Youth, then, are at the center of globalization. However, rather than pushing for a rightful centering of youth studies in relation to an implicit margin, we argue that youth culture studies itself has much to teach us about the production of cultural centers or margins, about which bodies and which discourses are privileged, condemned or overlooked. "We need to learn from people and cultures that have been forced to make themselves as mobile, flexible, and fluid as transnational capital, yet still capable of drawing upon separate histories, principles and values," writes George Lipsitz (2001, 20) in his analysis of the present "dangerous moment" confronting American studies and cultural studies more broadly. YAnalyses of youthscapes reveals how youth are drawn into local practices, national ideologies and global markets while always occupying an ambiguous space within and between them. For instance, Murray Forman, in this volume, writes of the lives of refugee youth who have fled war-torn nations to resettle in the U.S. or Canada, where state and school authorities attempt to "suture" them into civic and national communities, a process that highlights the contradictions at the heart of racial and national ideologies in North America and one that these youth actively renegotiate on a daily basis. All the essays in this volume, in fact, address in one way or another the shape and meaning of this "suturing" process—and the tensions or renegotiations it entails—between local, national, and transnational communities in the lives of youth. As such, this book contributes to work on transnationalism, immigration, and cosmopolitanism that has not adequately addressed questions about youth. In the sections that follow, we identify new directions for theory, research and analysis that emerge when youth culture studies is juxtaposed with the three strands of the book—globalization, national ideologies, and popular culture—and conclude with a reflection on the collection's methodological interventions and thematic organization.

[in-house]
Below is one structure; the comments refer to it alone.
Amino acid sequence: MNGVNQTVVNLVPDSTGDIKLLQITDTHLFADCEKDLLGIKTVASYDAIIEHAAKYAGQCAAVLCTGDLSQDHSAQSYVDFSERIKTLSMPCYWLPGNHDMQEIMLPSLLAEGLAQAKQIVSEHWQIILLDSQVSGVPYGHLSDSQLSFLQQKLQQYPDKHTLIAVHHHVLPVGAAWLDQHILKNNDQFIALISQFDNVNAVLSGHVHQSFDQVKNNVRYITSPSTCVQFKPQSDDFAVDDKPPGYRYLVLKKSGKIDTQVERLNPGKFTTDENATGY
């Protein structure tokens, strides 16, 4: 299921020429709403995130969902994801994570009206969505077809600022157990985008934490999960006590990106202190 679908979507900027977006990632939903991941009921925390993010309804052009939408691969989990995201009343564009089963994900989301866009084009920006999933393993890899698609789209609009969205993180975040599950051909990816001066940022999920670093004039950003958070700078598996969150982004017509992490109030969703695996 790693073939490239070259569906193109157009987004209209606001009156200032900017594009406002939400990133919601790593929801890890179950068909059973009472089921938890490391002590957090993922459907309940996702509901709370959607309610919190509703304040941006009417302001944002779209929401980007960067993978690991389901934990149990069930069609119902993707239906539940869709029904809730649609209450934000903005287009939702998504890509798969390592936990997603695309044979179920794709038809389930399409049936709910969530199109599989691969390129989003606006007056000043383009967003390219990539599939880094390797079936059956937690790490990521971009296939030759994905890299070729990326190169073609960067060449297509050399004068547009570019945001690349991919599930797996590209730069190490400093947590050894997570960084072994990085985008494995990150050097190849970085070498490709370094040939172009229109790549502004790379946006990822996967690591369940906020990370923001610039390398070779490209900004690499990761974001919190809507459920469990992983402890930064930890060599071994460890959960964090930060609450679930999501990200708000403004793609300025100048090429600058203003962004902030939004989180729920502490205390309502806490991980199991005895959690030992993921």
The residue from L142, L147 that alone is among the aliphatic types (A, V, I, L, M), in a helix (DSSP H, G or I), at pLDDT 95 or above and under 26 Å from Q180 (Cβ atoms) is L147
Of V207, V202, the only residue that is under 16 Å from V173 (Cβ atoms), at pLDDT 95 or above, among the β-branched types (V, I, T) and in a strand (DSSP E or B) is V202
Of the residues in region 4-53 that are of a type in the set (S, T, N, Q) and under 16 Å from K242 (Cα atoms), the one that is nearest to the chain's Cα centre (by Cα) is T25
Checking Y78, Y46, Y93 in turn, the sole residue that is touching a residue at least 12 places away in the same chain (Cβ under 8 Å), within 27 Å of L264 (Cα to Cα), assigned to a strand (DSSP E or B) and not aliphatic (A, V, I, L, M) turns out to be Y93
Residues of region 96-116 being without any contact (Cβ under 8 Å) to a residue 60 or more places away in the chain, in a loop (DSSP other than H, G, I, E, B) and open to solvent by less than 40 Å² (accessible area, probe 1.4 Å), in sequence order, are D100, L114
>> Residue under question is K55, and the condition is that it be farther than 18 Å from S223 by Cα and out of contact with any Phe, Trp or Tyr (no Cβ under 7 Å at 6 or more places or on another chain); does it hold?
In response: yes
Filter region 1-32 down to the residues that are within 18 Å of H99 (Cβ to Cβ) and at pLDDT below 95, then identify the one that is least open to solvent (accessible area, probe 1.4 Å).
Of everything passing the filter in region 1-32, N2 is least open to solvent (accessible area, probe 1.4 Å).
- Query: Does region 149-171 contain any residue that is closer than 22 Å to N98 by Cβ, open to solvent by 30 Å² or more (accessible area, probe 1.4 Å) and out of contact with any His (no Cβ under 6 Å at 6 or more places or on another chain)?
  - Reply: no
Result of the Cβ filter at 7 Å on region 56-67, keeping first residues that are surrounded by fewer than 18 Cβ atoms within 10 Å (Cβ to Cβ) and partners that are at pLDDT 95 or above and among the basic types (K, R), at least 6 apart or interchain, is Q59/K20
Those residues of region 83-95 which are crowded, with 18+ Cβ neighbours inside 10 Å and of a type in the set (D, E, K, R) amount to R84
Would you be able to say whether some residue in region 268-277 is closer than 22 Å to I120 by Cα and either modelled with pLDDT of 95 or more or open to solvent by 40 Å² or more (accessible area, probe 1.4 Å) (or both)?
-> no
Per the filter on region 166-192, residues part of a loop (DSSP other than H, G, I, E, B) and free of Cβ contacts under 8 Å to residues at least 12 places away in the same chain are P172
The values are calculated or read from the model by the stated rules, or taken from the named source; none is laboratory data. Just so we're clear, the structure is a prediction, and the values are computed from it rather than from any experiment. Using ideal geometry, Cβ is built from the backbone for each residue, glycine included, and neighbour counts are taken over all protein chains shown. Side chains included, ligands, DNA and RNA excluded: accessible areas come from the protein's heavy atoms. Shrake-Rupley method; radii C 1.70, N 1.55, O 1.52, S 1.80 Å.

Youth Culture and Globalization
Clearly, there is a large and growing body of work that deals with culture and globalization, and many of the shifts in cultural processes that are discussed in this literature shape the lives of, if they are not partly produced by, youth in various local and national contexts. Here, we are not attempting to provide a comprehensive overview of the debates about cultural globalization, a task that would be beyond the scope of a short essay, and one that is already the subject of many book-length works. Instead, we do want to allude to the ways in which questions about youth culture shed light on some of the key tensions in studies of cultural globalization, such as issues of cultural diffusion versus localization (Hannerz 1996), unidirectional versus multidirectional flows of culture, and the framing of cosmopolitanism as privileged physical and imaginary mobility versus coerced displacement (Cheah and Robbins 1998, Ong 1999). Issues of youth culture seep into these studies by way of their attent...